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Less than half of Milwaukee households have responded to 2020 census

NOW: Less than half of Milwaukee households have responded to 2020 census

MILWAUKEE, Wis. (CBS 58) -- As of Thursday afternoon, less than half of the households in Milwaukee have completed the 2020 census, according to regional Census officials.

Marilyn Sanders, regional director of the U.S. Census Bureau's Chicago Regional Office, said 48.8 percent of households in Milwaukee have completed the 2020 census compared to 58.4 percent in Wisconsin and 51.6 percent nationwide.

"The census results are used for planning. They're used for funding decisions that are made in our community that are critical during this pandemic," Sanders said during a teleconference Thursday afternoon.

Census data is used to divvy up states' Congressional seats and allocate federal dollars for projects such as new hospitals and road construction.

Because of the pandemic, the deadline to complete the 2020 census has been extended to Oct. 31. But local officials are encouraging residents to complete it as soon as possible.

Milwaukee Mayor Tom Barrett said in previous decades, Milwaukee was above the national average.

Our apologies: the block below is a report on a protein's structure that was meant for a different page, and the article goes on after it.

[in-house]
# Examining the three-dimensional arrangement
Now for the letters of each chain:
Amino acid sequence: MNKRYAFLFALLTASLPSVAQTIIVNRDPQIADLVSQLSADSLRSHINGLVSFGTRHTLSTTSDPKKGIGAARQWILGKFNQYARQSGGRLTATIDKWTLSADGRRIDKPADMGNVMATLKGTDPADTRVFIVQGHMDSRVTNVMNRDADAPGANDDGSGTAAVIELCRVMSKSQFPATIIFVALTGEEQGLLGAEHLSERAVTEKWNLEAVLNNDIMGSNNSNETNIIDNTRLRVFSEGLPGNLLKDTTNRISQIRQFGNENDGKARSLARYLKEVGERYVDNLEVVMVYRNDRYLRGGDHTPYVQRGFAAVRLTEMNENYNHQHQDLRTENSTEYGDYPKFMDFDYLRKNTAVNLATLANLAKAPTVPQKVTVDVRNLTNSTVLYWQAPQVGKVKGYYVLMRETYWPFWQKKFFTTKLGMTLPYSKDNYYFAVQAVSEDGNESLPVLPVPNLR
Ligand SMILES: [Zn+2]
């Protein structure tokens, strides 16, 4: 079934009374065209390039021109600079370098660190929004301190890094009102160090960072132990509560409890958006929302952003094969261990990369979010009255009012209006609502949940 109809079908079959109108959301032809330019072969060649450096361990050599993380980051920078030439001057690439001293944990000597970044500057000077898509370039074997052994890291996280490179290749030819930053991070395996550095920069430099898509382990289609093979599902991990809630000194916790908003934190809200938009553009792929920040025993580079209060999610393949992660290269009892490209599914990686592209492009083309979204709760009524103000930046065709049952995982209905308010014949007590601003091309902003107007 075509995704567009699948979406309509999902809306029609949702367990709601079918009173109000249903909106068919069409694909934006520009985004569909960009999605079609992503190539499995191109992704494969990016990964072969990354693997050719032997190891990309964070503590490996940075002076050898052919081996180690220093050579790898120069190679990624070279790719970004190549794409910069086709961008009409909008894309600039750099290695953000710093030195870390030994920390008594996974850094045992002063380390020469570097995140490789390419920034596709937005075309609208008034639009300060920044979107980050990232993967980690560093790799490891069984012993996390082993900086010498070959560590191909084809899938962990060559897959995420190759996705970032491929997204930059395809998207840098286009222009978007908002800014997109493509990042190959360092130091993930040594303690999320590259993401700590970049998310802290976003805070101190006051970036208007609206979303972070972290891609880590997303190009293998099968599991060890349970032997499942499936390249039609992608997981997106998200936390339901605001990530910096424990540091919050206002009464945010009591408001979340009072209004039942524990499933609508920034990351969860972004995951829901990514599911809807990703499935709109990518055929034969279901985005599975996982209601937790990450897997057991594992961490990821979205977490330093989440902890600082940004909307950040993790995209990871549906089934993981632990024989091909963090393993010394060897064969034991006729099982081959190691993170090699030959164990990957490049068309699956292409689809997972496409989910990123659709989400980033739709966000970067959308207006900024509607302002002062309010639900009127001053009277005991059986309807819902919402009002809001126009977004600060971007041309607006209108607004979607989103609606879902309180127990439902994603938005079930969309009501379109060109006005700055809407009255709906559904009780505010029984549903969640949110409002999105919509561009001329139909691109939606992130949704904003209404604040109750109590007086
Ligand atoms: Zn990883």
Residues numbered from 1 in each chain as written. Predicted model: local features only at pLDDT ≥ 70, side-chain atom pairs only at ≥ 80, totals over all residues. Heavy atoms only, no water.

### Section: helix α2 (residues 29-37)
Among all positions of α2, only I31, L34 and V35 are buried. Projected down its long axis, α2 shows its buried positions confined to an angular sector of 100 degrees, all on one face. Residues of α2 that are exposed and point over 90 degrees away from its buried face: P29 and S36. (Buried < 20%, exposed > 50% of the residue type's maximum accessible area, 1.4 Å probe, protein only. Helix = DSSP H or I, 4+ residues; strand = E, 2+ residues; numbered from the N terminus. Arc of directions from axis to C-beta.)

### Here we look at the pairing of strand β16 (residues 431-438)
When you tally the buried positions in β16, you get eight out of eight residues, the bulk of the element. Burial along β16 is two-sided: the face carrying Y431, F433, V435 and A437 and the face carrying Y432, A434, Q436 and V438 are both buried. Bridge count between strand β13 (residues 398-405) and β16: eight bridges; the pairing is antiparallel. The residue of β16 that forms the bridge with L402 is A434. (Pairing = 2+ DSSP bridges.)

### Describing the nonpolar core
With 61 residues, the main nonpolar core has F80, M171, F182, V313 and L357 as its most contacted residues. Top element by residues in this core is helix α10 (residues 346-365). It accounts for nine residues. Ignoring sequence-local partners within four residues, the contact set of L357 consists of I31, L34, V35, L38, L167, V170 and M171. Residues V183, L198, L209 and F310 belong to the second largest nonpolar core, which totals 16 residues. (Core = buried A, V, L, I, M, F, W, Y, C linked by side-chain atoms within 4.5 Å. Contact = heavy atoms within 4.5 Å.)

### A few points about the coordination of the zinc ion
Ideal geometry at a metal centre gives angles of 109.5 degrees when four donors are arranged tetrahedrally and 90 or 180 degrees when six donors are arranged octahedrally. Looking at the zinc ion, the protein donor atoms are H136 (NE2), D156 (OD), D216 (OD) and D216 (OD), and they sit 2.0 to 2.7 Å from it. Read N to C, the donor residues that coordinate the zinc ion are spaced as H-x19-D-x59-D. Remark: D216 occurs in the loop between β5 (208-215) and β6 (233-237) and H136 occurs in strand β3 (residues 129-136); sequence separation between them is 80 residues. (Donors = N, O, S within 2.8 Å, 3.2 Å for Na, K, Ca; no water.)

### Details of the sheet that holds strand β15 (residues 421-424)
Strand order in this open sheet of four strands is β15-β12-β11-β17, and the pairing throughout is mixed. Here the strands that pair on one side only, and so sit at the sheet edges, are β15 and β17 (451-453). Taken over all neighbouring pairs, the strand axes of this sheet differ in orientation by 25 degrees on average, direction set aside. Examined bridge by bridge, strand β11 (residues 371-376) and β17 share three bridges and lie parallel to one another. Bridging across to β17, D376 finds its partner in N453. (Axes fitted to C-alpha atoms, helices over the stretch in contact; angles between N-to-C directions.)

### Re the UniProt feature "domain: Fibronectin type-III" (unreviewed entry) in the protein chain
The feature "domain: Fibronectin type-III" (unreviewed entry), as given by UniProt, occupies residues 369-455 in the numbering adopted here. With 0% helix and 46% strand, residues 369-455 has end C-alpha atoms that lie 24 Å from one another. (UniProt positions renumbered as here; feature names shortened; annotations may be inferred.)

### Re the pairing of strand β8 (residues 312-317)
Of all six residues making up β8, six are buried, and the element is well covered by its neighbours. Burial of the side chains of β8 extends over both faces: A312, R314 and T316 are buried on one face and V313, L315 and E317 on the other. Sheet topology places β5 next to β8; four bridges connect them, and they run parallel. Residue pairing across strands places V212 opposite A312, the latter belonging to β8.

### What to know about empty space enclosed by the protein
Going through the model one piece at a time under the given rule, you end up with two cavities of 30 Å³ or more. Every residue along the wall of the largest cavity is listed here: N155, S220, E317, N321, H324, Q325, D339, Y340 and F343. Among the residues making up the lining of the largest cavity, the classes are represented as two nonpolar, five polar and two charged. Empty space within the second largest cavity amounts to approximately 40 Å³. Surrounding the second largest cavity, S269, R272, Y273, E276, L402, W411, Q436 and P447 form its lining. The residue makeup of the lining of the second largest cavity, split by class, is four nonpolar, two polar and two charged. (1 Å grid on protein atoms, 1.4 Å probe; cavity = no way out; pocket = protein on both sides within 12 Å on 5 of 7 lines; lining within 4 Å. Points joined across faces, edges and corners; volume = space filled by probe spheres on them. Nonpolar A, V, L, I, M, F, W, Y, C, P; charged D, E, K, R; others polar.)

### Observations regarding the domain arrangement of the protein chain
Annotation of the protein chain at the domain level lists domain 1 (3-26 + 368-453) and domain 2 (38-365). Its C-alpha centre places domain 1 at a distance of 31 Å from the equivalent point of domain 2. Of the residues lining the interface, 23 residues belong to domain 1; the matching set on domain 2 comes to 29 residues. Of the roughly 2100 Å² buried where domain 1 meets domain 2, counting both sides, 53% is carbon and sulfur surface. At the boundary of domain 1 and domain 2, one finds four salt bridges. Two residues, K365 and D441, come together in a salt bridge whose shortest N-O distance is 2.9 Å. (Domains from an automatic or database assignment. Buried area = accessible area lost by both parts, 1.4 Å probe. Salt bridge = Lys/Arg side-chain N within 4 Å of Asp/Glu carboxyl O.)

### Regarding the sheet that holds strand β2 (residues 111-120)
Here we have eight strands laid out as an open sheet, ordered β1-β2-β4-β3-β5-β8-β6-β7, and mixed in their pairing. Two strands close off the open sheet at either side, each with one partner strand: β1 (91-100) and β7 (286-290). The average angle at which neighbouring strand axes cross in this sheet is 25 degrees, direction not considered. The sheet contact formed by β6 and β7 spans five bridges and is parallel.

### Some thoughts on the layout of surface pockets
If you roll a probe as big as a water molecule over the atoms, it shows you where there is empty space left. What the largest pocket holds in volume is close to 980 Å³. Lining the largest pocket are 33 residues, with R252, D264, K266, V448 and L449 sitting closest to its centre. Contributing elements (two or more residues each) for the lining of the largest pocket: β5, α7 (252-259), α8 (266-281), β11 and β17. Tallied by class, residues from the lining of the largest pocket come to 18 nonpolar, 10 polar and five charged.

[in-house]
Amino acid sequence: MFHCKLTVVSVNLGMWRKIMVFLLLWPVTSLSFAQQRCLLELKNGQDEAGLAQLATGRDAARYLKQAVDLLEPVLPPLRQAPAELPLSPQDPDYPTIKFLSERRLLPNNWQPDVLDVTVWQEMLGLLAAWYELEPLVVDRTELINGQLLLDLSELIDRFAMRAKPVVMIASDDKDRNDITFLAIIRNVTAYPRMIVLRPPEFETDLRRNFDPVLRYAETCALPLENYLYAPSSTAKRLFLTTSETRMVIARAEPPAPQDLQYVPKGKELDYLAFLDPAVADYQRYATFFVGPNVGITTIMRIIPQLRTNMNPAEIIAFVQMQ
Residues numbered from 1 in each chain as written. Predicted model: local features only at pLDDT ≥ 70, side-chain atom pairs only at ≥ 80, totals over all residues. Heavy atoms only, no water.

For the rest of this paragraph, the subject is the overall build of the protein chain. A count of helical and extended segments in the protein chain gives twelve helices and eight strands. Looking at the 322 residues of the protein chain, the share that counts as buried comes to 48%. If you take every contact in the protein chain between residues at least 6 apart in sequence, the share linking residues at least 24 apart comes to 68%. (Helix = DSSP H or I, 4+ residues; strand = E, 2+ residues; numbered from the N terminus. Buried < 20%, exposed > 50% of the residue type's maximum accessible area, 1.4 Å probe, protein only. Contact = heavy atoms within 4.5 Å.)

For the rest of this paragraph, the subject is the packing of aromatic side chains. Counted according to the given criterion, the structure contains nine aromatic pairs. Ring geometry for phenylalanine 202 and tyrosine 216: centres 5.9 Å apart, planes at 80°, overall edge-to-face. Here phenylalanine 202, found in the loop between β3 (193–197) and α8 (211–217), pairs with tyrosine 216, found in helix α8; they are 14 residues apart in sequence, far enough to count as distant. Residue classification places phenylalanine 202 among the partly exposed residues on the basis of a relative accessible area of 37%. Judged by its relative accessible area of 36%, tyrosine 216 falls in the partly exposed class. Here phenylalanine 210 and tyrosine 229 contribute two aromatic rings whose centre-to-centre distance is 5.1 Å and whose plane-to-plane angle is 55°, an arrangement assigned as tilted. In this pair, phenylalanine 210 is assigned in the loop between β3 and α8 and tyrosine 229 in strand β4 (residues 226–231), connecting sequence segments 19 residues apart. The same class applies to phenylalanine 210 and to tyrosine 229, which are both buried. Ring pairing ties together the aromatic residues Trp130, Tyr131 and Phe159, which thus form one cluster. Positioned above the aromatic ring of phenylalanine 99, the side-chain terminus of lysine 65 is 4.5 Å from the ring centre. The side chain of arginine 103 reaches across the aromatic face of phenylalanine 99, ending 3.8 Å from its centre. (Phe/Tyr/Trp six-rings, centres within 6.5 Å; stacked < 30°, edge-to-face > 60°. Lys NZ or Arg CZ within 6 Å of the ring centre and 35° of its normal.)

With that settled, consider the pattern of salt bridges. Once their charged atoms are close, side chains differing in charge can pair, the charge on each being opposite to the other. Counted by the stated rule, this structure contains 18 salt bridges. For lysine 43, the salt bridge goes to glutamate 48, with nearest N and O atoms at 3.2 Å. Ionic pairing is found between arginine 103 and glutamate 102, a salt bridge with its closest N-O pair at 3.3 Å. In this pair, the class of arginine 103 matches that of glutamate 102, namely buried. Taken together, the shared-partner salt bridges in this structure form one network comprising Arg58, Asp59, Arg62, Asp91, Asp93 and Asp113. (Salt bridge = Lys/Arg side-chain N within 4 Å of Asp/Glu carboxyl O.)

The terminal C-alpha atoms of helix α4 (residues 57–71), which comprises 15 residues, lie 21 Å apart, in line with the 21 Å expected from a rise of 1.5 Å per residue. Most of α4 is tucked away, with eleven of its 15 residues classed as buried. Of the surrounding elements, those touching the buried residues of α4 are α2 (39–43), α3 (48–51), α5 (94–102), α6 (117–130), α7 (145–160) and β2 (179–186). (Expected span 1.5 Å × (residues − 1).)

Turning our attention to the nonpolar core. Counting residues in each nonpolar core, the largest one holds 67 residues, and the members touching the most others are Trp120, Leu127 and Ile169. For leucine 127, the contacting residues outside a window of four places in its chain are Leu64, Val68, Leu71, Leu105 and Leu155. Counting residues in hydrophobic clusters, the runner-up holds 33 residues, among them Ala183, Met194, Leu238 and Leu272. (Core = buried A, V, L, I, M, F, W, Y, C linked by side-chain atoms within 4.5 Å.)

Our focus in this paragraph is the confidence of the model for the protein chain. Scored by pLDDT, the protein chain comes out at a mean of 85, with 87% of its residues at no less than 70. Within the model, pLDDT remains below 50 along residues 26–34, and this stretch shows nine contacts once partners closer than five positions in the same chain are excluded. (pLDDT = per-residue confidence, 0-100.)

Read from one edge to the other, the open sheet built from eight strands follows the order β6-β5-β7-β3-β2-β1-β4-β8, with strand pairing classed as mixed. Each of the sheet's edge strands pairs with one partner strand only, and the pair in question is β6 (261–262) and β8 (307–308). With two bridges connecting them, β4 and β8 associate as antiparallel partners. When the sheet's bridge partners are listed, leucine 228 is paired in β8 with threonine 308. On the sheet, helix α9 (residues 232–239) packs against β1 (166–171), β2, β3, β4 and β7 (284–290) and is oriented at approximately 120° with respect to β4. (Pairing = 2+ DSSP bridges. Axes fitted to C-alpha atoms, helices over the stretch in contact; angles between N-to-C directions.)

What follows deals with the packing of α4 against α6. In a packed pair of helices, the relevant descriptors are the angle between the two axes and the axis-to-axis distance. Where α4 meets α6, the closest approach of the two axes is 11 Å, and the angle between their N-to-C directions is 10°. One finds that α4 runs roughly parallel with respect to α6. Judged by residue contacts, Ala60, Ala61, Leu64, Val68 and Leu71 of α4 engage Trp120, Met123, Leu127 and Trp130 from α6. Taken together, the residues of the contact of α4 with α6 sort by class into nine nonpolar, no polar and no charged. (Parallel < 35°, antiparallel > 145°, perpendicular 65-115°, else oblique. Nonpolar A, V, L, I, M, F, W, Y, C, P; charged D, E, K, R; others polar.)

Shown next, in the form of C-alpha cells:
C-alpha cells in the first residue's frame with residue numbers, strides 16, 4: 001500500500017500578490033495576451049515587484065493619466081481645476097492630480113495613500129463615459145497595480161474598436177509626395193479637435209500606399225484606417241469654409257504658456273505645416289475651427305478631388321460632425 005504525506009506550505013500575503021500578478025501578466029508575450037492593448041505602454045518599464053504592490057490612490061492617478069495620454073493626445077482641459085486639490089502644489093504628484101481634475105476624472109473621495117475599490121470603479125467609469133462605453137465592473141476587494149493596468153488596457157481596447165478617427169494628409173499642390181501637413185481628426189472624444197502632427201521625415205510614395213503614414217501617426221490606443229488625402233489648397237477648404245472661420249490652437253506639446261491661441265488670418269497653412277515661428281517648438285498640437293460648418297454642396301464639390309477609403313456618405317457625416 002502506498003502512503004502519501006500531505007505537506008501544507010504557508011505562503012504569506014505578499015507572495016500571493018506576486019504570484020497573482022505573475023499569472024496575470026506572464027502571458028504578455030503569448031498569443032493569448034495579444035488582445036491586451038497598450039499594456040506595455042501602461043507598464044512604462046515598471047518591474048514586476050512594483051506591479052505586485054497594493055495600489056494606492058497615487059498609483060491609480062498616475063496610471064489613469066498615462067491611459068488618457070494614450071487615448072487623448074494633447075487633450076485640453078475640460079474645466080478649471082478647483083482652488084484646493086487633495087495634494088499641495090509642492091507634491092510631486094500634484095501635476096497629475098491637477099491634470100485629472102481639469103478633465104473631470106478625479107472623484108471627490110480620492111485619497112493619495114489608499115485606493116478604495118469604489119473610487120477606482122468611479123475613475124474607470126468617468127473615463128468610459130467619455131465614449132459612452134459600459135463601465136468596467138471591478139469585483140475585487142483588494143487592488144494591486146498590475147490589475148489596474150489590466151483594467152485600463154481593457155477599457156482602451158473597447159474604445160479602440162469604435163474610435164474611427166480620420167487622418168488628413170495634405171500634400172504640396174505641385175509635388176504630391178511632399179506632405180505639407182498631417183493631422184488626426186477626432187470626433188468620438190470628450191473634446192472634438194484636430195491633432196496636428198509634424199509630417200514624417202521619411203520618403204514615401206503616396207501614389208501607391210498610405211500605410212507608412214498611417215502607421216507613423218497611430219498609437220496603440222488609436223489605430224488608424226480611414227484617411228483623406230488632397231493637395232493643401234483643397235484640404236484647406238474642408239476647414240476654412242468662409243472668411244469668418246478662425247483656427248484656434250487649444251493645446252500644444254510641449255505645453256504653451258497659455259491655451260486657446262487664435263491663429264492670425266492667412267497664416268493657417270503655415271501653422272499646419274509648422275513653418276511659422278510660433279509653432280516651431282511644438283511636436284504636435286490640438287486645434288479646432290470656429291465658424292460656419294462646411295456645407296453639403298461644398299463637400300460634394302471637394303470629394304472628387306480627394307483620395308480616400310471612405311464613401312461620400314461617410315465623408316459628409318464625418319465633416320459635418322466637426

"We are gathering here today for a call to action asking all of our residents to fill out their census form," Barrett said during the teleconference.

Sharon Robinson, chair of the Greater Milwaukee Complete Count Committee, said Wisconsin receives about $12.6 billion annually based on U.S. Census data. She said every uncounted resident, the state and city risk losing $1,600 each year for the ten years they go uncounted.

Committee members said the COVID-19 pandemic has caused some challenges in collecting the data. Door-to-door operations in Milwaukee have been postponed from May to August.

"What we're encouraging folks to do is stay home, sanitize and self respond," said committee co-chair Matt Dannenberg.

The U.S. Census Bureau recognizes certain communities as hard to count. They include children, immigrant and refugee communities, low-income families, renters and those who do not live in traditional housing, people of color, individuals with disabilities and rural communities.

"Refugee communities are often overlooked by society as a whole, and largely, that's because there exists little to no data for members of our community," said Paul Vang, civic engagement director of the Hmong American Women’s Association.

Vang also wanted to remind refugee communities that citizens and non-citizens need to be counted in the census.

"For those of you who are concerned about your data being used against you, you can be sure that your data's protected by law," he said.



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